Emmanuel Adebayor was biting his bottom lip as he left the pitch at the end of the Tuesday's African Nations Cup match against the Democratic Republic of Congo in Port Gentil, his Togo team eliminated after picking up a solitary point from their three games.
"I've never cried on the football pitch but I came close. I was fighting back the tears."
The opposition had lined up a guard of honour at the entrance to the tunnel and, in scenes more common place on the rugby pitch, clapped Adebayor off as he made his way slowly through the middle, clasping each of the Congolese in a bear hug and offering his thanks.
"Youssuf Mulumbu, their captain, is a good friend of mine and he came after the match and told me they were going to make the guard for me. I was touched, really. It shows the respect I have earned in Africa and what I have done for the game on the continent."
Congo's motivation, not only in recognition of Adebayor's status, was in anticipation of an end to an international career that began when the lanky striker was still a gawky teenager.
His has been a talismanic influence on the small west African country whose qualification for the 2006 World Cup finals in Germany remains one of football's most unlikely achievements. It is a small slither of land, sandwiched between the powerhouses of Ghana and Nigeria, and with a population of around 7 million.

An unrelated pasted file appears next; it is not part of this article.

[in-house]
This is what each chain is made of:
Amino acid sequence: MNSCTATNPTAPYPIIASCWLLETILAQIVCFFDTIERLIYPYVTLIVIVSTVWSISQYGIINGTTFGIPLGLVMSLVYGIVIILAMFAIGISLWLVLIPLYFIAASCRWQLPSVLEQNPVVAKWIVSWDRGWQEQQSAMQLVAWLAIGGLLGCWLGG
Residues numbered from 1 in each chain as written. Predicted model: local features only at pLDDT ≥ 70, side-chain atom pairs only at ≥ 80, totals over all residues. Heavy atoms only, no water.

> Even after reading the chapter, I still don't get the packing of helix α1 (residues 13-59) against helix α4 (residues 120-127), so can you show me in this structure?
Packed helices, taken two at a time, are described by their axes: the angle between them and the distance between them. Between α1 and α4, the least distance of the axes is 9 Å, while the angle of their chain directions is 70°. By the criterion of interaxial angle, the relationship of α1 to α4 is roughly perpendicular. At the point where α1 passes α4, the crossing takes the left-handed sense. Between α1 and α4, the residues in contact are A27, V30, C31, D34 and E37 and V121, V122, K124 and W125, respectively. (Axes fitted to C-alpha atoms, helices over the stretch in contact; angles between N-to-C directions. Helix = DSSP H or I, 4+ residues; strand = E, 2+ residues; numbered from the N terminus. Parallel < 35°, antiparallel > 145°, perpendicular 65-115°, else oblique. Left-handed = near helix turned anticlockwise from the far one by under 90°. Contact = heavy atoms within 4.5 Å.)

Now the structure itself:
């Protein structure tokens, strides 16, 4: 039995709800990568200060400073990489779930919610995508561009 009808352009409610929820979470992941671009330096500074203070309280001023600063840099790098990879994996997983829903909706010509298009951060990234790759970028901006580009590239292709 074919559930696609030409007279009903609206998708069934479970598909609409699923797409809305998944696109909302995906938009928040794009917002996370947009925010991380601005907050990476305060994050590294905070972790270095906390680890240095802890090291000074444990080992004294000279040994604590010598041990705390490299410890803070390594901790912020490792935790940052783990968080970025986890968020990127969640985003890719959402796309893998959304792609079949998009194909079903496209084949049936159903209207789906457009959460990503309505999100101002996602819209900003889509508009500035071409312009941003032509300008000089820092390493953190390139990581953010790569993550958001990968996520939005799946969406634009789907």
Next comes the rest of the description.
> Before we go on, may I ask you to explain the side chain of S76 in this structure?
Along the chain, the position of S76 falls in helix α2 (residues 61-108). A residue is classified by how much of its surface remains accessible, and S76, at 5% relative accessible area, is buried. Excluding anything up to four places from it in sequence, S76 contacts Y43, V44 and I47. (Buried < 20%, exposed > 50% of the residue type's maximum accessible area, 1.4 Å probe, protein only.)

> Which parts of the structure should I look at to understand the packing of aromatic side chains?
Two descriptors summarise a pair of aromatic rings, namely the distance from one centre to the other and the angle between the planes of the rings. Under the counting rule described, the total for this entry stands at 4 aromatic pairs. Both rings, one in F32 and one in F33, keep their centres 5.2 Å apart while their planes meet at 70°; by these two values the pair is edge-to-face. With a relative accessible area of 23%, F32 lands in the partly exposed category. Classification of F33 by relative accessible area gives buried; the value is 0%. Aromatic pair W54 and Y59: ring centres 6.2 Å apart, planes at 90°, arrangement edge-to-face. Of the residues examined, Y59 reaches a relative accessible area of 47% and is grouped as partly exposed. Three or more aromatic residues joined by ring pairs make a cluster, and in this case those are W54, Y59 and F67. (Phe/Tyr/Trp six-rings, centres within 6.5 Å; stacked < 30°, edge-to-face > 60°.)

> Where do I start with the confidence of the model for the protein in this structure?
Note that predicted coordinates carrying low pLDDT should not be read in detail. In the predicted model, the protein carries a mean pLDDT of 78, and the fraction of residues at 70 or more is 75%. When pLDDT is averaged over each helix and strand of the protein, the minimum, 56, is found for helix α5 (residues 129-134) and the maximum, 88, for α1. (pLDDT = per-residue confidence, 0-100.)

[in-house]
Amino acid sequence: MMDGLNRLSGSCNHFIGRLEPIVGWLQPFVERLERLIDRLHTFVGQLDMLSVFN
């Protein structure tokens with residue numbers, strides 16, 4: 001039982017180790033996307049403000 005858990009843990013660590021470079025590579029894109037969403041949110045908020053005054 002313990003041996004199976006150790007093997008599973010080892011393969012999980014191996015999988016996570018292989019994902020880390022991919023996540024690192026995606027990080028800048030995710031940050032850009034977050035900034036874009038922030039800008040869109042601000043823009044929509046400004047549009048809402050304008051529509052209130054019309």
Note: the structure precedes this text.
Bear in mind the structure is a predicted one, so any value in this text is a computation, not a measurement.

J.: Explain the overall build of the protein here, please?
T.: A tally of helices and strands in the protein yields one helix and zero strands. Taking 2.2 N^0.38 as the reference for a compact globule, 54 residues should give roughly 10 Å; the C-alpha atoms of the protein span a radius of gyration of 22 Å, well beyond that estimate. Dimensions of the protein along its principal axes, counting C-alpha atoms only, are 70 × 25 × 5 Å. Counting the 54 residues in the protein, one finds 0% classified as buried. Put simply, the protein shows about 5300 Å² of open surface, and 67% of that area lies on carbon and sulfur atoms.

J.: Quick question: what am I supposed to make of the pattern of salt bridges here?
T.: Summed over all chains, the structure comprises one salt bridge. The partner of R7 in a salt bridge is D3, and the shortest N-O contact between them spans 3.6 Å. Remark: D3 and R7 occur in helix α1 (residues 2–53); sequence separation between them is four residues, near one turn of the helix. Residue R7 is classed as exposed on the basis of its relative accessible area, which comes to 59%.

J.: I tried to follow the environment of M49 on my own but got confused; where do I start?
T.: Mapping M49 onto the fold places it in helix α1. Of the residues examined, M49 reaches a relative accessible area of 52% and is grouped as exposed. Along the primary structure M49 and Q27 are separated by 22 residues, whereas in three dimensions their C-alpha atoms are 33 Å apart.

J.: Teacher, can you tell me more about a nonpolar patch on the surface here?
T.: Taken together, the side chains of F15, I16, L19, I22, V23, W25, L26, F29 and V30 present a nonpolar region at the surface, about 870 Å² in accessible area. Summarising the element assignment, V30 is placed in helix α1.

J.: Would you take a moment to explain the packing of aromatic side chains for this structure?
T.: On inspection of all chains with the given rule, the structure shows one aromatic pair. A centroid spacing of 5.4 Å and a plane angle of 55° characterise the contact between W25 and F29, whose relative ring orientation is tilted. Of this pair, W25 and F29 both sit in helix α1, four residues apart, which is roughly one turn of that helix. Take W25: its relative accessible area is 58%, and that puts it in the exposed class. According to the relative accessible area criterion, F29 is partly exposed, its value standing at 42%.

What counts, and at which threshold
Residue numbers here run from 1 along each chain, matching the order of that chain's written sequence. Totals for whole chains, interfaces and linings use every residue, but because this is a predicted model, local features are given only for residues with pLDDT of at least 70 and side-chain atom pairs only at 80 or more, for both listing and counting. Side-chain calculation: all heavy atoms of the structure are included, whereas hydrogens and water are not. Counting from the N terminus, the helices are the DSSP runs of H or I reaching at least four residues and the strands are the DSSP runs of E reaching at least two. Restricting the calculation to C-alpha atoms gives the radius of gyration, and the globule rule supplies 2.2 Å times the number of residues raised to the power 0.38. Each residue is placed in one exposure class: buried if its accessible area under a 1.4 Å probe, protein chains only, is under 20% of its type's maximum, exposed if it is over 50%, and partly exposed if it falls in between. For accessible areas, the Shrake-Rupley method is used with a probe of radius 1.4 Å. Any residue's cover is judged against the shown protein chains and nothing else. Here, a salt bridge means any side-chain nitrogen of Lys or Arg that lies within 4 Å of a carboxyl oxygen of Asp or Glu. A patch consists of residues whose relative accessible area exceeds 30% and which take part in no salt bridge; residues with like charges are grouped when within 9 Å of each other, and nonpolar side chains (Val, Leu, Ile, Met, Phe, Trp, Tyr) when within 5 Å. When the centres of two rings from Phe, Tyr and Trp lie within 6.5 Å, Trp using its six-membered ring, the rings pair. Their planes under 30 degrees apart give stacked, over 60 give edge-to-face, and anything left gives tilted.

But for Adebayor this did not feel like the end. "I'm not sure about whether I am going to stop playing for Togo. It is my country and I will also defend it. I'm an icon for them. I don't know. I feel like I'm the captain of the boat and I'm not sure it is time yet to jump out."
Adebayor will be 33 next month but the paucity of playing resources for his country means he will likely still be their best forward when they begin in June the qualifiers for the next Nations Cup in 2019.
Adebayor – Sheyi to his compatriots, Manu to friends – came through almost three full games at the tournament not having played regularly since his loan spell at Crystal Palace ended at the conclusion of the last Premier League season and his contract with parent club Tottenham Hotspur ran out.
"Now I just want to go home and see my family and relax. Then I will be speaking to my manager."
A return at club level is on the cards, but to where he would not reveal. "There is a lot of interest from all over the world, but you (reporters) would know better than me," he said. But England would seem a favourite destination: "You know how much I love the Premier League even though I am not the most loved player in England. I have done it for the last 10 years in the Premier League.
"I didn't come here to Gabon to search for a club. I came here to play and represent my country and I think I've done that quite well.
"Now let's take it step by step and see how it goes."